Crohn's Disease Forum » Books, Multimedia, Research & News » Books for children with IBD

04-03-2012, 07:54 PM   #1
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QueenGothel's Avatar
Join Date: Oct 2011
Location: Michigan, USA
Books for children with IBD

I found it very difficult to explain to my 4 year old what exactly is going on in her belly. These books helped a lot.

Toilet Paper Flowers by Frank J. Sileo PhD

Julia, who suffers from Crohn’s disease, explains living with this chronic and sometimes debilitating illness to her new friend. Because she uses the bathroom so often, Julia creates flowers using toilet paper. By sharing her flower creations, Julia gains support and understanding from her friend. Toilet Paper Flowers has an introduction for parents, web resources, explanations of the disease and treatments, glossary, and instructions for making the flowers. This book offers hope and validates feelings of children struggling with Crohn’s disease, as well as educating siblings and friends unfamiliar with this chronic illness.

Hold the cheese please - Frank J Sileo PhD

Danny is tired of feeling different because he is lactose intolerant. After being teased by a classmate at lunch, Danny reacts by eating ice cream and milk during a class party even though he knows he will have tummy troubles. With the help of the school nurse, Danny and the nurse teach others about lactose intolerance. Hold the Cheese Please! explains lactose intolerance to children between the ages of six through twelve years. The book contains an introduction to parents, a glossary, a list of non-dairy calcium rich foods and resources for more information. As Danny says, “…when you learn to accept things in your life they seem less scary….” This book offers a great message for children dealing with bullying and being different due to lactose intolerance.

Berenstain Bears -Too much junk food

Mama Bear lays down the law when she notices that Papa and the cubs are getting too chubby. With the help of Dr. Grizzly's slide show on how the body works, the Bear family makes a healthful adjustment in their diet and fitness habits. "A most enjoyable introduction to good nutrition and exercise. Has some good illustrations with the body and how they all work together.
04-04-2012, 12:36 PM   #2
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polly13's Avatar
Join Date: Jan 2012
Location: Tipperary, Ireland

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Second toilet paper flowers really good. I actually read it with my 7 year old as I felt she was feeling a little sidelined because of all the attention that Lucy was getting in regards to the crohns. I havn't come across the other two but will definately to Amazon I go.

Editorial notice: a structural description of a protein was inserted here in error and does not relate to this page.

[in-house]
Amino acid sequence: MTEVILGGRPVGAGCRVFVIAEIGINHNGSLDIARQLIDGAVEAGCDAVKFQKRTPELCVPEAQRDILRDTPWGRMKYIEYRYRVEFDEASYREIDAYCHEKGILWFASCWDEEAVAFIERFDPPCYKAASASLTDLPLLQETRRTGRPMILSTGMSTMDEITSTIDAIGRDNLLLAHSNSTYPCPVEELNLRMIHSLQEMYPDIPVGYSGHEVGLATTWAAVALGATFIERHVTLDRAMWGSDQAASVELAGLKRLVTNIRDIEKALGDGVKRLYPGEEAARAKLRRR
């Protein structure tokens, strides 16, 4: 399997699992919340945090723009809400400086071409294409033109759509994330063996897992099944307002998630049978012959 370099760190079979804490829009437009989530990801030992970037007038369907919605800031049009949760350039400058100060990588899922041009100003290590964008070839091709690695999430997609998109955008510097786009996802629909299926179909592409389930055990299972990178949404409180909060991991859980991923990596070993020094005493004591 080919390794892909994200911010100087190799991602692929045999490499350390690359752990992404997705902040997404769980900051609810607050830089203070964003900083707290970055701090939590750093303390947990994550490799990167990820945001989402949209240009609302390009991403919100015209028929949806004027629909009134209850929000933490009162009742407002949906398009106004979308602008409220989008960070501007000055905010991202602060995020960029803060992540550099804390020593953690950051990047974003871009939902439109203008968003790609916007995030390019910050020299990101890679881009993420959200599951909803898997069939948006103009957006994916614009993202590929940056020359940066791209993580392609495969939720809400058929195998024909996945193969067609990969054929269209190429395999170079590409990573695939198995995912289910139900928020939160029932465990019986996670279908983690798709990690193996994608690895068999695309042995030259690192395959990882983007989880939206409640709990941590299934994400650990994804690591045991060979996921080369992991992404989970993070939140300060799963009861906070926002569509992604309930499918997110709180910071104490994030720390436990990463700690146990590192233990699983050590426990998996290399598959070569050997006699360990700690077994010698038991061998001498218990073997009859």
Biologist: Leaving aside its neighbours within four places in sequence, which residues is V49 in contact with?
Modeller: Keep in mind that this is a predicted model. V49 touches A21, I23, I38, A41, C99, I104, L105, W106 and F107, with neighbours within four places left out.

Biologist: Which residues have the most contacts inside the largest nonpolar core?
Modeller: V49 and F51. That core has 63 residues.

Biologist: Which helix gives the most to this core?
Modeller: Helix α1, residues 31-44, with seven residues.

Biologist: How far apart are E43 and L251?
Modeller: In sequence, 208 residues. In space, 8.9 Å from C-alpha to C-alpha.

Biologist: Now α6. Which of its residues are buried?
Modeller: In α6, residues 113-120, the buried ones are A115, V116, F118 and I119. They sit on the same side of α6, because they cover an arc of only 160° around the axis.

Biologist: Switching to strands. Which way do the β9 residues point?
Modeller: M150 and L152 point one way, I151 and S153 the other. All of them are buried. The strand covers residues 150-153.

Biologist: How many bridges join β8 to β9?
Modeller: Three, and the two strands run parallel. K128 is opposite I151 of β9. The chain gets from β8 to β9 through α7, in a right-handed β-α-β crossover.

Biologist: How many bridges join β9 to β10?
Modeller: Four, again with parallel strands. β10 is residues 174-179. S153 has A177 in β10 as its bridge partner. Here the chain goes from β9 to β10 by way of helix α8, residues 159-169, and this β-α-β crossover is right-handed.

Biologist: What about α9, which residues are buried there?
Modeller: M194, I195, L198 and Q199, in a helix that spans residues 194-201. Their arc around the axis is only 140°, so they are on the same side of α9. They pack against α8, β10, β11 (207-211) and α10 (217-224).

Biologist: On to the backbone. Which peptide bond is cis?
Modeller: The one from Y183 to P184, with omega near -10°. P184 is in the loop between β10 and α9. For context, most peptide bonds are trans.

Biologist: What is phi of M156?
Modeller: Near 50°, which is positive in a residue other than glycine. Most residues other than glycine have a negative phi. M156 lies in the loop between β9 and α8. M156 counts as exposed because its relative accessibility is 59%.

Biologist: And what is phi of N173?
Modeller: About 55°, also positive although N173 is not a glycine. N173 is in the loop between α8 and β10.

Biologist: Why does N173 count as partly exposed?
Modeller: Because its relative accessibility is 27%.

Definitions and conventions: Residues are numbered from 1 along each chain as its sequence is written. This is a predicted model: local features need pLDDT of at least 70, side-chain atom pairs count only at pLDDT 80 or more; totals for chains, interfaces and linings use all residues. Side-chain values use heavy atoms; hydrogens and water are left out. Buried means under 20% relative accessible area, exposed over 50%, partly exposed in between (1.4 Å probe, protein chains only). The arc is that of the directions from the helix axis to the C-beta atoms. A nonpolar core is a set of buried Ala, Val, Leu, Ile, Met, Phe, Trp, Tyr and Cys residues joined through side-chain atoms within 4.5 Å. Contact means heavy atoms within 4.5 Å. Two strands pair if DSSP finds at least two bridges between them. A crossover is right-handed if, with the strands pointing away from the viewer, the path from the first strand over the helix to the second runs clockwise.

02-24-2013, 02:31 PM   #3
Join Date: Feb 2013
Location: Cork, Ireland
Hi Polly! My nice is 4 yo and she was diagnosed in nov 2012 with UC. She was on Mesalazinum and it didnt work for her. Now she had another colonoscopy and they change to cronh's. She doesnt live in Ireland and I am looking for a clinic in Ireland where I can bring her! Was Lucy treated in ireland? can you give me the name of the clinic and the doc. name, if it is possible?
02-24-2013, 06:46 PM   #4
my little penguin
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Join Date: Apr 2012

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Books we have used
Pete has crohn's
From ccfa - comic book on how he was diagnosised and camp oasis as well as school.
Ibd and me guide
From ccfa
Easier for littler kids

One on EGE / EoE
But talks about only eating some foods and tubes
Jeff talks about crohn's
It's a coloring book for little kids
DS - -Crohn's -Stelara -mtx
07-04-2014, 09:54 AM   #5
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QueenGothel's Avatar
Join Date: Oct 2011
Location: Michigan, USA
I Still Dream Big
by Penny B. Wolf, MSW

Penny Wolf interviews and collects the stories of teens and young adults who live with chronic illness. While this book is not specific to inflammatory bowel disease, it covers several diseases, including one case with Crohn’s. As someone who was diagnosed at the age of nineteen myself, I would have found comfort in this teens words. They are real and honest, and also encourge other young patients.

Although the book only covers on case of IBD, the wisdom and stories of teens with other chronic illness mirror that of Crohn’s and UC patients. The book is divided into chapters by topics and themes in chronic illness, rather than by each teens story. While this initially bothered me because I really wanted to read about the girl with Crohn’s in a more linear style, I came to really like the format. The stories were well edited together and prove that people with everything from diabetes to lupus to Crohn’s have more in common than we realize. We might be dealing with different things going on in our bodies, but we have so many of the same fears, struggles, and hope.

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